Greatest Writers of All Time
The Contenders: Page 2
"Boccace". Oh Dio non posso credere ai miei occhi. È "BOCCACCIO". It's "BOCCACCIO", not "BOCCACE".
22 François Rabelais
François Rabelais (between 1483 and 1494 – 9 April 1553) was a French Renaissance writer, humanist, physician, Renaissance humanist, monk and Greek scholar. ...read more.
23 Ernest Hemingway
Read his books and you will change
Good writer but too overrated in my eyes.
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24 Marcel Proust
Valentin Louis Georges Eugène Marcel Proust (10 July 1871 – 18 November 1922), better known as Marcel Proust, was a French novelist, critic, and essayist. He is considered by English critics and writers to be one of the most influential authors of the 20th century.
25 C.S. Lewis
Clive Staples Lewis (29 November 1898 – 22 November 1963) was a British novelist, poet, academic, medievalist, literary critic, essayist, lay theologian, broadcaster, lecturer, and Christian apologist. ...read more.
26 The Bronte Sisters
Charlotte Bronte, especially, because of 'Wuthering Heights. '
Wuthering Heights is absolutely amazing as is Jane Eyre.
27 J.K. Rowling
Author of the great book "HARRY POTTER"
28 Dante Alighieri
Durante degli Alighieri, simply called Dante (c. 1265 – 1321), was a major Italian poet of the Late Middle Ages. His Divine Comedy is widely considered the greatest literary work composed in the Italian language and a masterpiece of world literature. V 1 Comment
30 Gustave Flaubert
Gustave Flaubert (12 December 1821 – 8 May 1880) was an influential French novelist who was perhaps the leading exponent of literary realism in his country. ...read more.
31 Knut Hamsun
32 Thomas Pynchon
33 Philip Sidney
34 Miguel de Cervantes
Miguel de Cervantes Saavedra (29 September 1547 (assumed) – 22 April 1616), was a Spanish writer who is widely regarded as the greatest writer in the Spanish language and one of the world's pre-eminent novelists.
His Don Quixote makes you laugh and makes you cry at the same time. It examines the human condition cognitively and affectively with greater insight and universality than any other work by any other author. In fact, this meta-story examines "the author's psyche" (any author's) itself as a key construct in story development! Because of these qualities and much more, many great writers agree with the proposition that Don Quixote is the most universal and greatest novel on the human condition ever written. As such, it belongs in the pantheon of the greatest intellectual and spiritual achievements of man, along with the Mass in B minor by Bach, Michaelangelo's Sixtine Chapel ceiling, and Newton's Principia. I dare say that, in a just and enlightened world, Cervantes would be first in this list.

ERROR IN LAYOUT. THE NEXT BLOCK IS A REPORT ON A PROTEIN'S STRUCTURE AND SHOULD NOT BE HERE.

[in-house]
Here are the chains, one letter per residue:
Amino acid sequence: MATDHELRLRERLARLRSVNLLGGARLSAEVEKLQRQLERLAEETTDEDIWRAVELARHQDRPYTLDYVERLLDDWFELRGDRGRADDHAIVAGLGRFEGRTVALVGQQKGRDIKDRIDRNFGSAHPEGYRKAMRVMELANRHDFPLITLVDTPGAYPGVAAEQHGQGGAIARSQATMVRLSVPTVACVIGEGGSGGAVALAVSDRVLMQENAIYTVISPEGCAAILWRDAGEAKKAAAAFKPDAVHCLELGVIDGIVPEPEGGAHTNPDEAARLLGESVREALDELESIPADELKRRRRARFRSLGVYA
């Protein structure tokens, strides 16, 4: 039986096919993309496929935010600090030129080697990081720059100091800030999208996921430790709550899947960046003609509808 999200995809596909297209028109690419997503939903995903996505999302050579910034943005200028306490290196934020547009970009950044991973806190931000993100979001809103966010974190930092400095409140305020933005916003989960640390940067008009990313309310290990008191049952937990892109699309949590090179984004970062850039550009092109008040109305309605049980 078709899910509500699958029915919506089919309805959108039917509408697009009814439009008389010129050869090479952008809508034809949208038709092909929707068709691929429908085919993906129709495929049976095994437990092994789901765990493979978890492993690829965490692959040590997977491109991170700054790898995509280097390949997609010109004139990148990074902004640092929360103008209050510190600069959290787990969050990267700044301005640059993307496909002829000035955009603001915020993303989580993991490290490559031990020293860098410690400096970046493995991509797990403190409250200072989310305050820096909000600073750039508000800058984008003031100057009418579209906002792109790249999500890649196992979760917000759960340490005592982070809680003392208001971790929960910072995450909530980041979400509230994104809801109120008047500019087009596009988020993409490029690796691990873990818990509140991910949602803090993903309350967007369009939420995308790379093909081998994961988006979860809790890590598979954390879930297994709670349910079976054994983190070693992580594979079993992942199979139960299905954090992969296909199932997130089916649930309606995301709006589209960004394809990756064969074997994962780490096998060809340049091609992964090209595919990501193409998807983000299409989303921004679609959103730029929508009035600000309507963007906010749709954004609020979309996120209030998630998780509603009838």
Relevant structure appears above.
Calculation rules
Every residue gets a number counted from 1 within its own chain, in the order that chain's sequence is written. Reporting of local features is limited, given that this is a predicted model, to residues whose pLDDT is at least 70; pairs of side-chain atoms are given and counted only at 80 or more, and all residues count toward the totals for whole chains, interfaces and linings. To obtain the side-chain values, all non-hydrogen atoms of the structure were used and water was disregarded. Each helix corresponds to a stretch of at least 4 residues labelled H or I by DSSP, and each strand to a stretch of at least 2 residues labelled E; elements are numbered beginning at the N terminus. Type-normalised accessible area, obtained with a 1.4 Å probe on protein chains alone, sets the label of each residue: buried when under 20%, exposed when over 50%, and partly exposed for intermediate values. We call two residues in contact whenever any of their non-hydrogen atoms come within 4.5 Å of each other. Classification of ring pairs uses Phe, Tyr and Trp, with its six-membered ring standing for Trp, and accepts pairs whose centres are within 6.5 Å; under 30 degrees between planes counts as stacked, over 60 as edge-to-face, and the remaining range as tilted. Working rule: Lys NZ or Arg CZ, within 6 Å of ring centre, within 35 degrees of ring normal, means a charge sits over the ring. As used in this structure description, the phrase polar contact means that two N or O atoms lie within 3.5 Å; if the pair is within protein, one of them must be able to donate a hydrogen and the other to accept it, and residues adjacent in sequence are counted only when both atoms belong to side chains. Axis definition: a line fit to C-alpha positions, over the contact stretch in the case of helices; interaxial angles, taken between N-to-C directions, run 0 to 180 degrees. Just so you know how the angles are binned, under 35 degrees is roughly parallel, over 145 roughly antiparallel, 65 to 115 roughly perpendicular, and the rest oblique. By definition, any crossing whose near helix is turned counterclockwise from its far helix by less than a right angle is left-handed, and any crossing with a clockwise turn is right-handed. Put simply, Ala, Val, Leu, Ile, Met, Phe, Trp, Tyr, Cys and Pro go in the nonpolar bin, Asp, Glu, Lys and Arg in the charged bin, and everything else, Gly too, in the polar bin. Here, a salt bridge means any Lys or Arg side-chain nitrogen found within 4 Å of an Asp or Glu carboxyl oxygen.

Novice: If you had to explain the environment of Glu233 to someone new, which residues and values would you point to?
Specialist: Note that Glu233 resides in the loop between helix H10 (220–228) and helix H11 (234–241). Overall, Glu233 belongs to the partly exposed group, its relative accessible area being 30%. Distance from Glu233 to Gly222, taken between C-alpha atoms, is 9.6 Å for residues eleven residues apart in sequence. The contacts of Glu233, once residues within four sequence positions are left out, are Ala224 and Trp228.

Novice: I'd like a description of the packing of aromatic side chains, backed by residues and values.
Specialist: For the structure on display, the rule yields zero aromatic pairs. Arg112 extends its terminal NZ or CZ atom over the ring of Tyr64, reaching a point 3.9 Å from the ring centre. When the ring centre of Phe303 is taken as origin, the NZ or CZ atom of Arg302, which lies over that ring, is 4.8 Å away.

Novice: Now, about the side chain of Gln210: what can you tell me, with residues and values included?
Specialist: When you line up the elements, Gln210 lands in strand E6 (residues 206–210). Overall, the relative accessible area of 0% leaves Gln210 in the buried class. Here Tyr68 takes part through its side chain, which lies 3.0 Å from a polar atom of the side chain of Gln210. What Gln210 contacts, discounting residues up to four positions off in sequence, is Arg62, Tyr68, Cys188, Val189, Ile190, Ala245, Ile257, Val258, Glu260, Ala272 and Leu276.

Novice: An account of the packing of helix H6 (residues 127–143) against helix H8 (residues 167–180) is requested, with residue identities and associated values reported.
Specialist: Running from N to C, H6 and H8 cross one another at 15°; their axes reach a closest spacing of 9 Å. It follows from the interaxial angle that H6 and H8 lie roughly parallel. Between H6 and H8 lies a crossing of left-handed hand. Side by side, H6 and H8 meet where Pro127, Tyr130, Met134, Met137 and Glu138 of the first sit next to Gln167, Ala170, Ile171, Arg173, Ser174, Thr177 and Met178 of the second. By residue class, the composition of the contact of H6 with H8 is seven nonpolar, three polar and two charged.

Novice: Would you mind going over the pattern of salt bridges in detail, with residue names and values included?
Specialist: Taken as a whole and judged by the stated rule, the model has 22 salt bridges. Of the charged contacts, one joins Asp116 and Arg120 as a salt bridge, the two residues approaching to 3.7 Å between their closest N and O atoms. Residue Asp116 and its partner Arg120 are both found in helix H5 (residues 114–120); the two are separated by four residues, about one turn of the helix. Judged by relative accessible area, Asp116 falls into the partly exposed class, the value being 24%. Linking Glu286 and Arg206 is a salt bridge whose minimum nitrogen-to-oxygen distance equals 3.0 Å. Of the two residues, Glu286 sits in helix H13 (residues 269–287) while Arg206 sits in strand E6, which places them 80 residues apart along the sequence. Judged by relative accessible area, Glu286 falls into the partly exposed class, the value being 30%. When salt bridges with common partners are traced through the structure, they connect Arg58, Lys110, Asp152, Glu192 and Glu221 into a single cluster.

35 James Joyce
James Augustine Aloysius Joyce (2 February 1882 – 13 January 1941) was an Irish novelist and poet. He contributed to the modernist avant-garde and is regarded as one of the most influential and important authors of the 20th century. ...read more.
36 Roald Dahl
Roald Dahl (13 September 1916 – 23 November 1990) was a British novelist, short story writer, poet, screenwriter, and fighter pilot. His books have sold more than 250 million copies worldwide.
37 Honoré de Balzac
38 Edgar Allan Poe
Edgar Allan Poe (January 19, 1809 – October 7, 1849) was an American writer, editor, and literary critic. Poe is best known for his poetry and short stories, particularly his tales of mystery and the macabre. He is widely regarded as a central figure of Romanticism in the United States and American ...read more.
39 Gabriel García Márquez
Gabriel José de la Concordia García Márquez (6 March 1927 – 17 April 2014) was a Colombian novelist, short-story writer, screenwriter and journalist. ...read more. V 1 Comment
40 Henry James
Henry James (15 April 1843 – 28 February 1916) was an American-born British writer. He is regarded as one of the key figures of 19th-century literary realism.
Every sentence is just so well thought-out and beautifully composed. His writing is dense but in a rich, chocolatey way.